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Feed mills take proactive approach to ionophore-free, antibiotics-free

Changes to the livestock industry landscape are ushering a new generation of ionophore-free and antibiotics-free feed mills in Canada and the U.S., according to Dr. Nancy Fischer, a nutritionist with Country Junction Feeds.

Changes to the livestock industry landscape are ushering a new generation of ionophore-free and antibiotics-free feed mills in Canada and the U.S.

"The industry keeps evolving and moving forward to address shifting consumer demands and take advantage of new options that better align with what the marketplace wants," says Dr. Nancy Fischer, a nutritionist with Country Junction Feeds, an early adopter of these approaches.

"Feed mills are part of that evolution," says Fischer. "It's not just about addressing what consumers and the marketplace are demanding. It's also about helping farmers, ranchers and livestock operations manage efficiently and profitably in this new environment."

Livestock operations increasingly need to know exactly how, and in what environment, their feed is produced, she says. This includes knowing definitively what's in the feed or not in the feed, so they can give simple and clear answers to their customers and others who are asking for assurance.

"In the case of our feed mills, we want it to be as simple as possible for our customers to have peace of mind in what they are getting, so they can avoid any issues meeting expectations and providing clear answers to questions," says Fischer.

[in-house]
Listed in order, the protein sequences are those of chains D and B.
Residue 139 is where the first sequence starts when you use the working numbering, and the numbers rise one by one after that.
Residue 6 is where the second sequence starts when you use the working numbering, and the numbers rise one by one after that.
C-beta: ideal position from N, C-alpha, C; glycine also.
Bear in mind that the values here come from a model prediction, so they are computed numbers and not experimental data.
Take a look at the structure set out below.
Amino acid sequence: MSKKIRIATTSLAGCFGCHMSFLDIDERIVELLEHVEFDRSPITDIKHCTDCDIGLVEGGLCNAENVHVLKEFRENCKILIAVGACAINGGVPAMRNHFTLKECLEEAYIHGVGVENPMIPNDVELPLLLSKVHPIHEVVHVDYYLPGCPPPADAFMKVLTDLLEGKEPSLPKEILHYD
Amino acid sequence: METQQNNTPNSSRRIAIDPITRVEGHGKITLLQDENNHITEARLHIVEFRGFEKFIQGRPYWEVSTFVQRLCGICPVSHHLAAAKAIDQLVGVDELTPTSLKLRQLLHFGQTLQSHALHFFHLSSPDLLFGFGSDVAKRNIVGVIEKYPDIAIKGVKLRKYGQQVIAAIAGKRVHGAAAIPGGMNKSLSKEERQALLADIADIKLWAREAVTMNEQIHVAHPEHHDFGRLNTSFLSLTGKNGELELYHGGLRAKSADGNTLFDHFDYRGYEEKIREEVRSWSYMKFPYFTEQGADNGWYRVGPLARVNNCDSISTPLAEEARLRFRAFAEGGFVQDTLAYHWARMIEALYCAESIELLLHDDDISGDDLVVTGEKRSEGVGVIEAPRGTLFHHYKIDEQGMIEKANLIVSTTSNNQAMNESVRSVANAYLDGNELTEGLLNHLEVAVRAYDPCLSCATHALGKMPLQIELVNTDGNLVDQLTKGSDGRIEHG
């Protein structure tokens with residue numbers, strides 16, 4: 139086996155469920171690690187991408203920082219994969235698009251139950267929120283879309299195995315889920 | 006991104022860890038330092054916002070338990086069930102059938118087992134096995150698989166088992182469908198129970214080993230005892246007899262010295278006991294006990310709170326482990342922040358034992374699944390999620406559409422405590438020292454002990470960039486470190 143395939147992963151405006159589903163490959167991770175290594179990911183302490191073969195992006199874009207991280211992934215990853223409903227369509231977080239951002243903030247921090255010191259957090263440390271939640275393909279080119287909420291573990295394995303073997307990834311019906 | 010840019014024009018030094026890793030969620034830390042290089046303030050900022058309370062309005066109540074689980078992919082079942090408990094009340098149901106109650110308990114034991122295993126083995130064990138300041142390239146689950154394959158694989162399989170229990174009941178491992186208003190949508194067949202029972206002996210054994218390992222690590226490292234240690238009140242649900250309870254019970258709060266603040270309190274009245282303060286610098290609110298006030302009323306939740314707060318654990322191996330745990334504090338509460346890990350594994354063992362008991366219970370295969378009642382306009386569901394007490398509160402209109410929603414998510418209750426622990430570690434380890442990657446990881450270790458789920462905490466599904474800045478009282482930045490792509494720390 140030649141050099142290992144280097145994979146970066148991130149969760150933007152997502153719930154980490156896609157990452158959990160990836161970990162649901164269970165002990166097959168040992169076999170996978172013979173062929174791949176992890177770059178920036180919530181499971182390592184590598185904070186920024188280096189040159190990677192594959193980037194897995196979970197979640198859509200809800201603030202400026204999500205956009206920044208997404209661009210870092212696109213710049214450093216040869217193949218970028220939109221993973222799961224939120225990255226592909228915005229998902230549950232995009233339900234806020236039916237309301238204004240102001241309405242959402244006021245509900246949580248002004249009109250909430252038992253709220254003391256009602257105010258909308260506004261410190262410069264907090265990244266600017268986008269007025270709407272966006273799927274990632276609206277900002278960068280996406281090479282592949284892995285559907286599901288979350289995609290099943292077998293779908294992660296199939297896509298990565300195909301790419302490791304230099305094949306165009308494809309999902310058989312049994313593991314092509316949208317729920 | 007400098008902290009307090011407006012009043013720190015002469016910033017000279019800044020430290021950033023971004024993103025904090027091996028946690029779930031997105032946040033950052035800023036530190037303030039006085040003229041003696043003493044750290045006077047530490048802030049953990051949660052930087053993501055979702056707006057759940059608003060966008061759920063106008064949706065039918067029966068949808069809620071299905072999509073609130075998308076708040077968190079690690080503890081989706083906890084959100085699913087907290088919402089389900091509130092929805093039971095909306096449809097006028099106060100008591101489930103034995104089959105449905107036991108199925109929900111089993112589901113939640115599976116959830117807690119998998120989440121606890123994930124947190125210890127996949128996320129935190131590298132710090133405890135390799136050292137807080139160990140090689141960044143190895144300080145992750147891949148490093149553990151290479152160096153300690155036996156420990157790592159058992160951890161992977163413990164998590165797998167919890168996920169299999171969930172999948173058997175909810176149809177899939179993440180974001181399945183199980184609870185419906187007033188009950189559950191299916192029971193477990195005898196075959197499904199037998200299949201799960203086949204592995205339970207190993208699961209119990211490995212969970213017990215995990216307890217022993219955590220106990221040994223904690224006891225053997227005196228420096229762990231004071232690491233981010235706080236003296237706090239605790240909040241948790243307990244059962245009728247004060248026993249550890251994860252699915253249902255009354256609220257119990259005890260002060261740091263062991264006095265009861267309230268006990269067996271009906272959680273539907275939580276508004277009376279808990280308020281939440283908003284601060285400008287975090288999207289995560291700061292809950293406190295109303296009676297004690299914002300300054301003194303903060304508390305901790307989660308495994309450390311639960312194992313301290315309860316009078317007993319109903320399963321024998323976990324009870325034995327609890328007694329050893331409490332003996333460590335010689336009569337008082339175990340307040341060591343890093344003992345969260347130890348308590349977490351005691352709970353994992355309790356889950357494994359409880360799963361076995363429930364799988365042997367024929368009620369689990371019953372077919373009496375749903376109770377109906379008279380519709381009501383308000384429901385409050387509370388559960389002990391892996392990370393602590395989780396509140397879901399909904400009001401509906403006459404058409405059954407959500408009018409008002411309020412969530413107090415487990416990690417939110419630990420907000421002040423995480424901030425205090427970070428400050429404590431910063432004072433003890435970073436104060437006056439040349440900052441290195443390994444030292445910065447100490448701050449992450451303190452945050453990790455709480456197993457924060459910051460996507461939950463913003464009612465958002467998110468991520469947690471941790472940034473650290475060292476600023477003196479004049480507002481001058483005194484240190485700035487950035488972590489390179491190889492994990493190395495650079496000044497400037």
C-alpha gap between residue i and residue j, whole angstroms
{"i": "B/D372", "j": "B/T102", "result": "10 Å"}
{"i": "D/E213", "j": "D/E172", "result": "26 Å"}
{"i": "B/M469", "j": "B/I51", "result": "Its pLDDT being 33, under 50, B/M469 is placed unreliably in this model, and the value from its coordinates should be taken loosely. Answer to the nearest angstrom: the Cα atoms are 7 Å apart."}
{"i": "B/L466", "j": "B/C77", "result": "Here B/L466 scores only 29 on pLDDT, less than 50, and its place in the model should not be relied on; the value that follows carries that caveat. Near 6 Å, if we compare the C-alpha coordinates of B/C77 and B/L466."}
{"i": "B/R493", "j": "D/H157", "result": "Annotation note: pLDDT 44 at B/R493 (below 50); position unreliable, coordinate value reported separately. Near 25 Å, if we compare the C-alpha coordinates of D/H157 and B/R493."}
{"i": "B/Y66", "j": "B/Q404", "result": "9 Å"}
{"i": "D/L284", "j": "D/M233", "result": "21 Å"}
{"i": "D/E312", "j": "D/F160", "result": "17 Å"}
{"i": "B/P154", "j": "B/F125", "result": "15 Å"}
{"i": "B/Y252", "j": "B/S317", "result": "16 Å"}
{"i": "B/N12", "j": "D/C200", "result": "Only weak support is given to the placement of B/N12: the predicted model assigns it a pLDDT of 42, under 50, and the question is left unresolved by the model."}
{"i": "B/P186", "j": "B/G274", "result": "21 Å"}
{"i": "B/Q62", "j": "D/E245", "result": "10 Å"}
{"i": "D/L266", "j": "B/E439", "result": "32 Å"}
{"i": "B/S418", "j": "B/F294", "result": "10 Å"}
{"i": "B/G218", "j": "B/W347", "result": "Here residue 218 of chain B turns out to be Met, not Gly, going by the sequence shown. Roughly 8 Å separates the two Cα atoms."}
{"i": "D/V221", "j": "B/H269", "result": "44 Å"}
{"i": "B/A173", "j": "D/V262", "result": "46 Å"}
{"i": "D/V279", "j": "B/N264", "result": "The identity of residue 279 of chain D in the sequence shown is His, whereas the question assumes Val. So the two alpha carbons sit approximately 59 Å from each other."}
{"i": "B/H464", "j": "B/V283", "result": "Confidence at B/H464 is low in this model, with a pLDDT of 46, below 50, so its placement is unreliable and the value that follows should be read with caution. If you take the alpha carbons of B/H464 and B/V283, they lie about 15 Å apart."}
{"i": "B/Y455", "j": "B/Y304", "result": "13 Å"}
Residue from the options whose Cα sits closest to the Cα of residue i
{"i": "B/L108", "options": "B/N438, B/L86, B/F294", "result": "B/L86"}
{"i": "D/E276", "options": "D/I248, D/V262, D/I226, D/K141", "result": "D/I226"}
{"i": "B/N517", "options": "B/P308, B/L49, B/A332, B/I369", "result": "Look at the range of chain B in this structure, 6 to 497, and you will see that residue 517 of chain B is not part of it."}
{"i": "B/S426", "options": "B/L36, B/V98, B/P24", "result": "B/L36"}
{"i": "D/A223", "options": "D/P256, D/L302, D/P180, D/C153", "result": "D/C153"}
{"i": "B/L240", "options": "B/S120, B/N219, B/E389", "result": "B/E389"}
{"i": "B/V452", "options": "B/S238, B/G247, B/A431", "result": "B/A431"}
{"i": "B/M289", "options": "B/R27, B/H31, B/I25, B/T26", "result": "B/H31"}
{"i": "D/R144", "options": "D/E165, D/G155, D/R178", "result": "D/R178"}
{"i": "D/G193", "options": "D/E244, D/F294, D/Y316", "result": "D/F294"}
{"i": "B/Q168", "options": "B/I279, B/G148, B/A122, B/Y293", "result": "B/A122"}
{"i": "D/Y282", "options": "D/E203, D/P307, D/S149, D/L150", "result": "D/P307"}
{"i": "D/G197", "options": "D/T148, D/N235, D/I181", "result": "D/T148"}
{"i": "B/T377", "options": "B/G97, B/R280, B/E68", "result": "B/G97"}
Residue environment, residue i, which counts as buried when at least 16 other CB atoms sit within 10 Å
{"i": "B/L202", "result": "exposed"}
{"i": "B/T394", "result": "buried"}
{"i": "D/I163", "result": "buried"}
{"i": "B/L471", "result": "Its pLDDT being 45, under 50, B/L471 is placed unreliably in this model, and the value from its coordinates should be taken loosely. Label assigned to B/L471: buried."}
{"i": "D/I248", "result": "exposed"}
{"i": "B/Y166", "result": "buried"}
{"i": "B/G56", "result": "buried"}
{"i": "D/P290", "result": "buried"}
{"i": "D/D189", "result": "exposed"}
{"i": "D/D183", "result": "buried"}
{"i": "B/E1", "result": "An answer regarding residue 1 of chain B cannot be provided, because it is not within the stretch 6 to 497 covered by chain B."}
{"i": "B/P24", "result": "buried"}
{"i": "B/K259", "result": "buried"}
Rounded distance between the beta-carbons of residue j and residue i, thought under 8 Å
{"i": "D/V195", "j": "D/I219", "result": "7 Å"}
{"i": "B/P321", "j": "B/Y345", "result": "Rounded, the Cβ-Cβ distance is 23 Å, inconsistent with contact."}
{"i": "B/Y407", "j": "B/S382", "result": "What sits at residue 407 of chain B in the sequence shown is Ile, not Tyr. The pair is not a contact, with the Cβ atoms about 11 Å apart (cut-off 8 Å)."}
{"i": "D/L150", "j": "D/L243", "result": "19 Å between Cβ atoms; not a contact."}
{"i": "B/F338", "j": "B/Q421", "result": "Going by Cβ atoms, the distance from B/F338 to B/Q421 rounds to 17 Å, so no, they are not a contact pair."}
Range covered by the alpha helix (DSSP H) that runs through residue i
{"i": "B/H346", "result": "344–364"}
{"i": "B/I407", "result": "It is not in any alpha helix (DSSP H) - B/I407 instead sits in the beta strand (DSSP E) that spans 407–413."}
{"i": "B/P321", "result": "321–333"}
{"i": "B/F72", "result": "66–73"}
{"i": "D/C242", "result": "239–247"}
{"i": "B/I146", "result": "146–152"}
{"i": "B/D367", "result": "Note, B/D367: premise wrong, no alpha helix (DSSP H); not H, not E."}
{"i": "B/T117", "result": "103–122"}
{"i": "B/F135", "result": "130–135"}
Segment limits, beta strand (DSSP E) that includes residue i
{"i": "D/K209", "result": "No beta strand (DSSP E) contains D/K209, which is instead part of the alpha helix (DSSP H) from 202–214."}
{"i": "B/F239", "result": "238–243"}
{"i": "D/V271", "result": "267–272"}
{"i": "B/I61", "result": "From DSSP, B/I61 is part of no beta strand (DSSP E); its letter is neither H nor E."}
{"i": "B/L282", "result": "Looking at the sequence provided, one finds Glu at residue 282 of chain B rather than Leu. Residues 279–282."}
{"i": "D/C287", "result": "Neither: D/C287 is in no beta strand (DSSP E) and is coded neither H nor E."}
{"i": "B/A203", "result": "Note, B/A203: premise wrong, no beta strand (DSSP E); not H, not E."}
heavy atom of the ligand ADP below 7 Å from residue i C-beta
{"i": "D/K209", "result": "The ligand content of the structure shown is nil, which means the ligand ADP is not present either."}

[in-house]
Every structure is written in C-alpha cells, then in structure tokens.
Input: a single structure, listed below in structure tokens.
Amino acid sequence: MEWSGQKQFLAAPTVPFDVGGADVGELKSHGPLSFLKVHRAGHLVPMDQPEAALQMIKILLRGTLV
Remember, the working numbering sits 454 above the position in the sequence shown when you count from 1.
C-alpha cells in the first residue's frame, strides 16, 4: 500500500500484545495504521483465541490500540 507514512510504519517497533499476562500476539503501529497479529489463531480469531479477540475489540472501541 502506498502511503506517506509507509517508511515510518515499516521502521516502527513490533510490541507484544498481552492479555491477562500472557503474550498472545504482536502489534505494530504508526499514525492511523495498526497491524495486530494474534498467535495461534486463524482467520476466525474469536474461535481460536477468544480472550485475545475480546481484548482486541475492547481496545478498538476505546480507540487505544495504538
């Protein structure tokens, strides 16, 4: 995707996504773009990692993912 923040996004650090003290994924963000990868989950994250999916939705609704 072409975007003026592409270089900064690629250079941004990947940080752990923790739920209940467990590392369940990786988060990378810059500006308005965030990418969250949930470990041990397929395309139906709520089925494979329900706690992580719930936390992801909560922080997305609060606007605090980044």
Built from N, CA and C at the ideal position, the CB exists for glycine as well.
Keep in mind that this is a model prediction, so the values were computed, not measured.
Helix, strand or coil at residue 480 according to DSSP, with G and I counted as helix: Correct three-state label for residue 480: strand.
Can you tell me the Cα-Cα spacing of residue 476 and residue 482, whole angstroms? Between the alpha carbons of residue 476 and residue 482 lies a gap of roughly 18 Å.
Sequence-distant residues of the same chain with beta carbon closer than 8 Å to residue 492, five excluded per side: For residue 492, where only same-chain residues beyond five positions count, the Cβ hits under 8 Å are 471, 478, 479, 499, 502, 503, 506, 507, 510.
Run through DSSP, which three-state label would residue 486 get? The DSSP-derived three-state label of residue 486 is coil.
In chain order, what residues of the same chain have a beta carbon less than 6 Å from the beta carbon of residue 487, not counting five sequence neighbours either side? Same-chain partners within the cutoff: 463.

"When they deal with Country Junction Feeds, either for production, performance, or working animals, our customers know the feed is from a mill that is ionophore-free and antibiotics-free. They also know that the feed and dietary strategies we provide are science-based and state of the art."

For Country Junction Feeds, part of providing transparent answers also means communicating clear information on the role of antimicrobials in the industry and not adding to the misinformation and piling on of negative messages.

"Antimicrobials have a role in the industry when they are needed to address specific health issues," says Fischer. "No one wants to compromise animal health or animal welfare. But as a feed mill and from a feed perspective, we don't need to add antimicrobials to feed for production or productivity purposes."

Those marketing meat products as coming from "antibiotic free" (ABF) production simply need to pull animals from the ABF stream if antimicrobial treatment is needed, she advises.

But the good news is that with the opportunities now available through nutrition strategies and new generation feed additives, animals and operations can get better performance than ever before without needing to rely on the old types of inputs that have fallen out of favor. The new approaches and tools support optimal feed efficiency, gain, gut health and other benefits. This helps minimize any health issues that would require antibiotics use.

"We take pride in being proactive in offering the latest advantages in nutrition strategies and bio-based feed additive options, using the latest science," says Fischer. "We can look at any feed source and determine how to optimize it for the greatest nutritional, health and performance value."

This can include the use of bio-based feed additives such as essential oils, and plant- and yeast-cell components that can provide greater benefits than the old inputs and fit perfectly with today's expectations, she says. This includes providing an excellent fit for raised without antibiotics (RWA) or ABF production systems.

"We started early on in adopting these approaches as part of our approach to be among the feed mills of the future," says Fischer. "With changes such as the Veterinary Feed Directive and the regular announcements and demands we see from major retailers, it's pretty clear the future is now."

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